Muslimah

A first: Veiled woman reads news on Egypt state TV

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http://seattletimes.com/avantgo/2019056246.html

By SCOTT SAYARE

The New York Times

CAIRO — In what was called a first for Egyptian state television, a woman wearing a headscarf presented headlines in a newscast Sunday, breaking with a code of secular dress that for decades effectively barred the wearing of Islamic head coverings.

The anchor, Fatma Nabil, wearing a dark suit coat and an off-white hijab that covered her hair and neck, presented headlines at noon on Channel 1, one of several television stations operated by the state.

A vast majority of Egyptian women choose to wear some form of Islamic head covering. By Sunday evening, however, an online debate had broken out over whether Nabil's appearance might be one step in an effort by President Mohammed Morsi, a former leading member of the Muslim Brotherhood, to encourage a more Islamic sensibility on Egyptian newscasts and in society.

Veiled women have been presenting the news for years on private satellite television here, including Nabil, who previously worked for the Brotherhood's satellite station, Misr 25. On Saturday, newly appointed Information Minister Salah Abdel-Maqsoud, a Brotherhood member, told an interviewer that Nabil's wearing of the hijab would represent the "enforcement of the principle of justice in the field of media," in the spirit of the Egyptian revolution, according to MENA, the official state news agency.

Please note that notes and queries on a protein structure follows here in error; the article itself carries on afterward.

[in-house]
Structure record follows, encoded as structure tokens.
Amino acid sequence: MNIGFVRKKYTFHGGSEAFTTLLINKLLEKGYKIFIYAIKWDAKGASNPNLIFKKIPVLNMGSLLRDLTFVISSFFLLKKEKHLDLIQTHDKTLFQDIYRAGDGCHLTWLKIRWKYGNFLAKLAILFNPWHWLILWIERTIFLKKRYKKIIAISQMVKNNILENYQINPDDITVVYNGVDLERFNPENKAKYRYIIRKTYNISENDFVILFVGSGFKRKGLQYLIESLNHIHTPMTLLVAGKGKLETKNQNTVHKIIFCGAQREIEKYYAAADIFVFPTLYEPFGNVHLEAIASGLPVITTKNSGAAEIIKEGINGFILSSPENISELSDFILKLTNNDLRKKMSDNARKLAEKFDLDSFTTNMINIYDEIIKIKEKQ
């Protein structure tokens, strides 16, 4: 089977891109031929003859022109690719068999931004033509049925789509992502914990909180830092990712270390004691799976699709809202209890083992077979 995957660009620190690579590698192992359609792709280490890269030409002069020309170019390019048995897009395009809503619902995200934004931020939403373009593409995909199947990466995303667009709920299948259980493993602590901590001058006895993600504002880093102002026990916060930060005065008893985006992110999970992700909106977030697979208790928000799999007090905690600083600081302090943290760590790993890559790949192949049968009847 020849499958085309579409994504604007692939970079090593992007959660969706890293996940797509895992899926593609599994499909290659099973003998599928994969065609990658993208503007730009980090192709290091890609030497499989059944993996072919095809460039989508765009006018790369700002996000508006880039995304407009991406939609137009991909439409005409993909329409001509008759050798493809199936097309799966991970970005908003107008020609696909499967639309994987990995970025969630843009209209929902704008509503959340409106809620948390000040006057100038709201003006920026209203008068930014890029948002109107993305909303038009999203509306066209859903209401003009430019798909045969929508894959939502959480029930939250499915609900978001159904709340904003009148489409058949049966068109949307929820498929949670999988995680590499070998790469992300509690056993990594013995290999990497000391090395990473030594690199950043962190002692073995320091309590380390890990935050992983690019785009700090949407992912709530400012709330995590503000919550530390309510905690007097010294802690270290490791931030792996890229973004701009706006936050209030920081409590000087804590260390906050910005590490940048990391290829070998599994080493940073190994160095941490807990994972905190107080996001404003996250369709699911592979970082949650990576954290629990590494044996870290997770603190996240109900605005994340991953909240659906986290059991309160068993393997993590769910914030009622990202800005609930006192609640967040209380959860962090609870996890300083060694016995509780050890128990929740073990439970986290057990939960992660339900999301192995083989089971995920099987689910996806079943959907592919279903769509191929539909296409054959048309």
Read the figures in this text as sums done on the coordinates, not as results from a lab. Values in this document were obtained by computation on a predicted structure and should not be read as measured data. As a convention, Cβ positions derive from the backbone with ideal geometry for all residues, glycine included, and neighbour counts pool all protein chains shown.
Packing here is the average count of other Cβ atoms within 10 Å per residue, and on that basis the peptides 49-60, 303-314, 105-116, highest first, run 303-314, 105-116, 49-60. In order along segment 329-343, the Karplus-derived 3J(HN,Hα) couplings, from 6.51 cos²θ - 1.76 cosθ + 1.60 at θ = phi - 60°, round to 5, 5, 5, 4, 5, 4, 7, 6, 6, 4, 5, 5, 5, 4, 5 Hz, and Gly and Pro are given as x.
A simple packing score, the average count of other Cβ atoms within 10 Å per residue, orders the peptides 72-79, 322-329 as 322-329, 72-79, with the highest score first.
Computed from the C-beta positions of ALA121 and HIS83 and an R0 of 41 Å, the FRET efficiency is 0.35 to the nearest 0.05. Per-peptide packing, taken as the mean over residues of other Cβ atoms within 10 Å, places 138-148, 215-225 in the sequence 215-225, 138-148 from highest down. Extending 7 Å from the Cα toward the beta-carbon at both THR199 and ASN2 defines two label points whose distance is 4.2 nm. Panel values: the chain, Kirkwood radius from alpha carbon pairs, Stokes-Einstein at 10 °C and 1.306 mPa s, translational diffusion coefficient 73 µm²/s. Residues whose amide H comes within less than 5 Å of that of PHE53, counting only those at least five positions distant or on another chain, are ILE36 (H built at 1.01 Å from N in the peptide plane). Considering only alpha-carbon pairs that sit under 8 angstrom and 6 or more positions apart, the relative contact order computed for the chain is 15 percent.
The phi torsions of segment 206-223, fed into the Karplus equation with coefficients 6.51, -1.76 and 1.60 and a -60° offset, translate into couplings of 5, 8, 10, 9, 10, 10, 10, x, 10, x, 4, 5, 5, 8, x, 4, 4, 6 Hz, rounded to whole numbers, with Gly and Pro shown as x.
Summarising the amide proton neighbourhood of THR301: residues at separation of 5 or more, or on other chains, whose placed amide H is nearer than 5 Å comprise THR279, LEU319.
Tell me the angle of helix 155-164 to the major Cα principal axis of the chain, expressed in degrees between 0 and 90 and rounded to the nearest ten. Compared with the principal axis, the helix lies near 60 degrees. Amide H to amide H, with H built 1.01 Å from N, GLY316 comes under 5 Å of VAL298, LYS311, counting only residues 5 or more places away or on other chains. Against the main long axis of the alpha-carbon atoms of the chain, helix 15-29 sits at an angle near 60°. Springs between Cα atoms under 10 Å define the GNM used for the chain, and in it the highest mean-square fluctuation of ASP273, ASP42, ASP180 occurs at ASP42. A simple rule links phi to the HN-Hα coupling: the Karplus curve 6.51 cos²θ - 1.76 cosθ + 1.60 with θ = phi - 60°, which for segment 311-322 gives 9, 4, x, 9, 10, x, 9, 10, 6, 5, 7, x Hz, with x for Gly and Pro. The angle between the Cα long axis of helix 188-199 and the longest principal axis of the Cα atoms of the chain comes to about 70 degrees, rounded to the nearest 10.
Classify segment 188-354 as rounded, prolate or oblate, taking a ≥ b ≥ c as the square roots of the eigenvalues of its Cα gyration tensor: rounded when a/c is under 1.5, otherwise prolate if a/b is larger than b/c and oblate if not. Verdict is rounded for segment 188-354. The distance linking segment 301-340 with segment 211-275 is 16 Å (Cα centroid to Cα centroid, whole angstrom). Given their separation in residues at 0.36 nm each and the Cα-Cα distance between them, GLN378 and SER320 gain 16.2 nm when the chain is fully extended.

At least three other veiled women will soon be appearing on state television, including a weather presenter, Abdel-Maqsoud said, a shift from the standards established when state television was founded five decades ago. Though headscarves were not explicitly disallowed, in practice they were tolerated only for off-screen employees.

"Why is the veil denounced in Egypt while 70 percent of Egypt's ladies are veiled?" Abdel-Maqsoud asked, according to the Egyptian newspaper Al Masry Al Youm. "It's a shame that veiled women appear on Arab and international channels while they don't in Egypt."

Under the secular authoritarians who preceded Morsi, state television functioned as a mouthpiece of the government. Until recently, state news media appeared to be campaigning against Morsi, with coverage that broadly favored the military leaders who have vied for influence with the Islamist president.

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